Cheap Kitchen Remodels: Under $500: Inexpensive Ways to Spice Up Cooking Time for Your Family
But most people don't have enough money or time for a complete overhaul. According to a Harvard Joint Center for Housing Studies report on remodeling, minor remodeling outnumbered major make-overs 2.6 to 1. Among do-it-yourselfers, there were 3.3 minor jobs for every major one. In
Homeowners seem to instinctively know remodeling the kitchen and bathroom will pay off when you sell-not to mention how happier it will make your family while you stay.
But most people don't have enough money or time for a complete overhaul. According to a Harvard Joint Center for Housing Studies report on remodeling, minor remodeling outnumbered major make-overs 2.6 to 1. Among do-it-yourselfers, there were 3.3 minor jobs for every major one. In 2001 the average "minor" makeover cost $3,900 from a pro and $1,200 for a do-it-yourselfer-compared to $17,737 for a major job.
That doesn't mean that you can't do something that will make a big difference in how good your kitchen looks and feels for as little as $500.
According to Remodeling Magazine's 2006 Cost vs. Value Report minor kitchen remodeling jobs have among the highest returns on investments at 85.2%. That means if you spend $1,000 you should expect your home's price to go up $852. That's even higher than the return on a major improvement, where you'd only get $804 back at the sale. And it's certainly better than the average $630 you'd get back working on your home office.
But what can you do for $500?
You can start with one of the simplest and cheapest projects overall: paint. Your kitchen walls can suffer a lot of splatters, odors and stains. That's why some people choose a high-gloss paint for the kitchen, at least for areas exposed to water, food and dirty hands. If high-gloss looks too industrial for the whole room, you can get the same color in different gloss levels. You can probably paint the room for under $60.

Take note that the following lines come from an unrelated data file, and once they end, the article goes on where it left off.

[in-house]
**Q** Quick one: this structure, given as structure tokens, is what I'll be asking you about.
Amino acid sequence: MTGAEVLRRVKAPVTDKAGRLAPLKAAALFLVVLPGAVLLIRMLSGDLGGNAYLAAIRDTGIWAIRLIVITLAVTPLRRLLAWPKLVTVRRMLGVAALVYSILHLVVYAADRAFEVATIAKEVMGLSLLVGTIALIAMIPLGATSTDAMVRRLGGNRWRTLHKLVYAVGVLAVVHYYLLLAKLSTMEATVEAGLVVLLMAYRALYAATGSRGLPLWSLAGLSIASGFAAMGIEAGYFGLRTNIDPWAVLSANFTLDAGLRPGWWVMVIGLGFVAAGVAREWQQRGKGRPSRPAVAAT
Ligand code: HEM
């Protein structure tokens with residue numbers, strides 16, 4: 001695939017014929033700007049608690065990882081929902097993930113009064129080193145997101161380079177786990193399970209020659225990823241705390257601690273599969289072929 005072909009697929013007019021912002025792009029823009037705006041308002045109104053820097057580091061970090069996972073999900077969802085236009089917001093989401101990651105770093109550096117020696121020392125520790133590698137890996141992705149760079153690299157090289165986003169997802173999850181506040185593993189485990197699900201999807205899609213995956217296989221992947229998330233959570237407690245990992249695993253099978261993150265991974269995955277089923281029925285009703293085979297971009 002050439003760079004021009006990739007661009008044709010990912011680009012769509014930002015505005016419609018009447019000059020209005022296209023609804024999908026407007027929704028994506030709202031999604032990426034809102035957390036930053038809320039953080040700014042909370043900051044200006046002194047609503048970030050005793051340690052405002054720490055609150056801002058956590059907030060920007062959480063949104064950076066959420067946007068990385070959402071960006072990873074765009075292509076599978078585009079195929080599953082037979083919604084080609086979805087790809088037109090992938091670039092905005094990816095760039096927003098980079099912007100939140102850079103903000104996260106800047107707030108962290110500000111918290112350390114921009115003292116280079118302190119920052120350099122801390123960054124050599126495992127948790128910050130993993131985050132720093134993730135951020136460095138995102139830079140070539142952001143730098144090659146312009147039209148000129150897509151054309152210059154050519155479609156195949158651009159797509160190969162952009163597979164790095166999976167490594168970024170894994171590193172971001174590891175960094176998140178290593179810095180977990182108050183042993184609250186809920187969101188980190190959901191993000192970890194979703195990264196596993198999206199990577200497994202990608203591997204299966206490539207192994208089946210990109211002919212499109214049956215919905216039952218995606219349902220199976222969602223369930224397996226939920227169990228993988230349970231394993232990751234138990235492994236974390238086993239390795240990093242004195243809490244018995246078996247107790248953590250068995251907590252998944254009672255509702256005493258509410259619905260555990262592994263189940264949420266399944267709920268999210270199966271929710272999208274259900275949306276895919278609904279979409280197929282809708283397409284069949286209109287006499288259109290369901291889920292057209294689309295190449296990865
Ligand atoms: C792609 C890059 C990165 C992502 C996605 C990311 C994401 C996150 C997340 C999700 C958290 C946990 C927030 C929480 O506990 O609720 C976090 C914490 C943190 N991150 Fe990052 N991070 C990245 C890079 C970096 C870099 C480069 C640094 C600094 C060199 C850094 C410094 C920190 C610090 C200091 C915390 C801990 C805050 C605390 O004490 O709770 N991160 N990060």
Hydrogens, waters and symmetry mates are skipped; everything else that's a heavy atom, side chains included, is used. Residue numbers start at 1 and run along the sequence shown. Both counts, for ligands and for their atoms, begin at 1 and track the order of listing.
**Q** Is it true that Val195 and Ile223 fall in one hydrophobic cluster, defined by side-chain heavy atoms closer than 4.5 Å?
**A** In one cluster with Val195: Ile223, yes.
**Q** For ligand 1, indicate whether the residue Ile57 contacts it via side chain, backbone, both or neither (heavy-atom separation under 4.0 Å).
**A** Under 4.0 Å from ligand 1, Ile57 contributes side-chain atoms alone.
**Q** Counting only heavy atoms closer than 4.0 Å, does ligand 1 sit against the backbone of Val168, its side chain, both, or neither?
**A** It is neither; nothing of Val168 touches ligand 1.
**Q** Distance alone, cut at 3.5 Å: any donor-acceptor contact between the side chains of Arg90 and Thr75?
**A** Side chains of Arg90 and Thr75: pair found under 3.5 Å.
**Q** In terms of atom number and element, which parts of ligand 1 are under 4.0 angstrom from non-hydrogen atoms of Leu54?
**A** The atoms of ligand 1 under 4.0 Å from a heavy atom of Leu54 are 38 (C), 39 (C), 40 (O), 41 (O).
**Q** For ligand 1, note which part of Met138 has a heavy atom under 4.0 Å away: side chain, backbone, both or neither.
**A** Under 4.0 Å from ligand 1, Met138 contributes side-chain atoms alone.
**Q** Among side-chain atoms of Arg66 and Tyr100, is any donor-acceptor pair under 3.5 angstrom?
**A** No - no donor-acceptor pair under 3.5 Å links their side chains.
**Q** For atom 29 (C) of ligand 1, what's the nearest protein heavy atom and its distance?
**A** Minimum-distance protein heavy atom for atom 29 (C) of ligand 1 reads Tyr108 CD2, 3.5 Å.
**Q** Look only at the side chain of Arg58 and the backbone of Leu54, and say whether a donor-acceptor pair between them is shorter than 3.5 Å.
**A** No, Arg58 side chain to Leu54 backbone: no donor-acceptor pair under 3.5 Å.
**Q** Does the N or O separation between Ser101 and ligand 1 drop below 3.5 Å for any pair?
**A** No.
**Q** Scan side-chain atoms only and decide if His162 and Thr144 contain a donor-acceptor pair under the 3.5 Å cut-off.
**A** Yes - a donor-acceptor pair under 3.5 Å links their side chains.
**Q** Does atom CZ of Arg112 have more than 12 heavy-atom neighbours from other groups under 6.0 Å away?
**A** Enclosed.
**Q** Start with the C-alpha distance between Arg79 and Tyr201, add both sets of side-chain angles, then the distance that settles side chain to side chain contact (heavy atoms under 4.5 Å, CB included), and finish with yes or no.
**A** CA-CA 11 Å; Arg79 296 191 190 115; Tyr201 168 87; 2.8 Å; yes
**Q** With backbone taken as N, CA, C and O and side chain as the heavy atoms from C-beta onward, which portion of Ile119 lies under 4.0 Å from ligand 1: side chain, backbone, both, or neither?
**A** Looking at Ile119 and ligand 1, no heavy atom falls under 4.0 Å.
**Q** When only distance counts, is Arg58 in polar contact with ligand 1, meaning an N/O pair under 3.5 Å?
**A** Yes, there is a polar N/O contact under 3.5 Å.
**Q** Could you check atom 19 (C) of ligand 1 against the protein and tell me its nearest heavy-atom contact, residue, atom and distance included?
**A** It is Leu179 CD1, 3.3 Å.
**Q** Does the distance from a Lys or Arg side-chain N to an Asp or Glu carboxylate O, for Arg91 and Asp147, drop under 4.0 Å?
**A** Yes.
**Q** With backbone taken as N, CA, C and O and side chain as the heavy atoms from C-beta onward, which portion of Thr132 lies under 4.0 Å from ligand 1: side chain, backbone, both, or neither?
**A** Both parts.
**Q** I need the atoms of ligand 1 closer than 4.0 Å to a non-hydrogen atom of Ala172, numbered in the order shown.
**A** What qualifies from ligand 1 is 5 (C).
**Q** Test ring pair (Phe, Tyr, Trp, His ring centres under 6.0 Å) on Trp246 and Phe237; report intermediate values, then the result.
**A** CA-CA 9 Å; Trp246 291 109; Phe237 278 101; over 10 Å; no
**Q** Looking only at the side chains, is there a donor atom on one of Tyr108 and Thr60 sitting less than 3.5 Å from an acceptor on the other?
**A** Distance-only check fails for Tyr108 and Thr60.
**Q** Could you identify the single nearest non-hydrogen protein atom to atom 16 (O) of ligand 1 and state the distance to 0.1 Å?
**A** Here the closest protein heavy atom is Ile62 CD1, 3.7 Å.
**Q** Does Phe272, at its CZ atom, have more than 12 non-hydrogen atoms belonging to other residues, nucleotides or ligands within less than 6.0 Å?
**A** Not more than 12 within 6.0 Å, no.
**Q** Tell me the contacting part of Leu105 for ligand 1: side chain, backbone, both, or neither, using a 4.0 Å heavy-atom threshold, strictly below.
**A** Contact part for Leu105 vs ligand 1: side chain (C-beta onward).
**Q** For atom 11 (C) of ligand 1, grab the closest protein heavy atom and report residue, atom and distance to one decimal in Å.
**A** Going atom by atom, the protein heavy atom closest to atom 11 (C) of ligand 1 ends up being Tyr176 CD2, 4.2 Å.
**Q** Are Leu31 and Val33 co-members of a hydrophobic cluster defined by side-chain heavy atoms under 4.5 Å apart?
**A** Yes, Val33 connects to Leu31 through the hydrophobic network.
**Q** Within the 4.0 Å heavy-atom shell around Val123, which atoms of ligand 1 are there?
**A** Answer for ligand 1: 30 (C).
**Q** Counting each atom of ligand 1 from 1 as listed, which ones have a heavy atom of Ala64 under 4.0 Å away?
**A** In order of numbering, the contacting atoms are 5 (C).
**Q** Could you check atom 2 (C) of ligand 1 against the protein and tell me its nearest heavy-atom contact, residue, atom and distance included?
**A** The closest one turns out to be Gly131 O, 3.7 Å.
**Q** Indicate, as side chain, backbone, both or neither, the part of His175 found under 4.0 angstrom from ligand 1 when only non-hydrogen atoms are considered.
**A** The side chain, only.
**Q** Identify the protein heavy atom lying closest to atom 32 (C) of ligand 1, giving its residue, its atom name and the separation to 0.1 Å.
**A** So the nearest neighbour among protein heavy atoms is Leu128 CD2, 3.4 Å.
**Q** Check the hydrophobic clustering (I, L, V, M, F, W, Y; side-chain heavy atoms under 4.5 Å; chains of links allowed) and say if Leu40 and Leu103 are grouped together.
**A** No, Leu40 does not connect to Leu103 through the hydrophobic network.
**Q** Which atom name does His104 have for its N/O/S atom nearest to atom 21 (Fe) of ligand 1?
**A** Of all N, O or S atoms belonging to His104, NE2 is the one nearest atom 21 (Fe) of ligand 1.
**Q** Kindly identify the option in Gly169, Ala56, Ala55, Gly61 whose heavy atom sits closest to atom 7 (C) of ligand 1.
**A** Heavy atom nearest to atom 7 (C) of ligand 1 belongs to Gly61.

Unless you have wood stained or synthetic window sills, a fresh coat of high-gloss white can make a huge difference. While you're at it, redo your baseboards and other trim. That will add about $20.
You can also replace the grimy switchplates for about $20. Add a little drama and personality to your kitchen by replacing the knobs-a job you can easily handle yourself. The cost is widely variable. You can get knobs for $1 at the Home Depot or on eBay or you could spend $100 or more per drawer pull in a specialty shop.
Do you have an old rug in front of your sink? Is it disgusting? Replace it. How dirty are your curtains? Window treatments take little skill or money to replace and they can give the whole place a new look.
To really give the place a makeover, you may be able to upgrade to one of the following - your cabinet doors, your countertop or your floor. Of course, that depends on what you've got there now. If your floor is a worn sheet of vinyl, an upgrade will be cheap. If you've got an expensive real tile floor, it will be expensive to do better.
The cost of replacing cabinets or countertops will depend on the size of what you have now, your taste in replacements and whether you have the skill to do the job yourself-or at least to wheedle a family member into doing the job.
By now everyone's heard that the way to save money with cabinets is to simply reface them instead of replacing them. If you your cabinet doors cover the entire cabinet-with none of the old color showing in between cabinets-you may be able to do the job yourself. Shop around at the big hardware stores and online for cabinet facings and countertops.
Finally the simplest way to give your kitchen a new look is totally free-get rid of all the stuff on your counter. If you're selling your house, you want to make it look as spacious and uninhabited as possible. Even if you're staying, clearing away the clutter will make a huge difference in how clean your kitchen looks.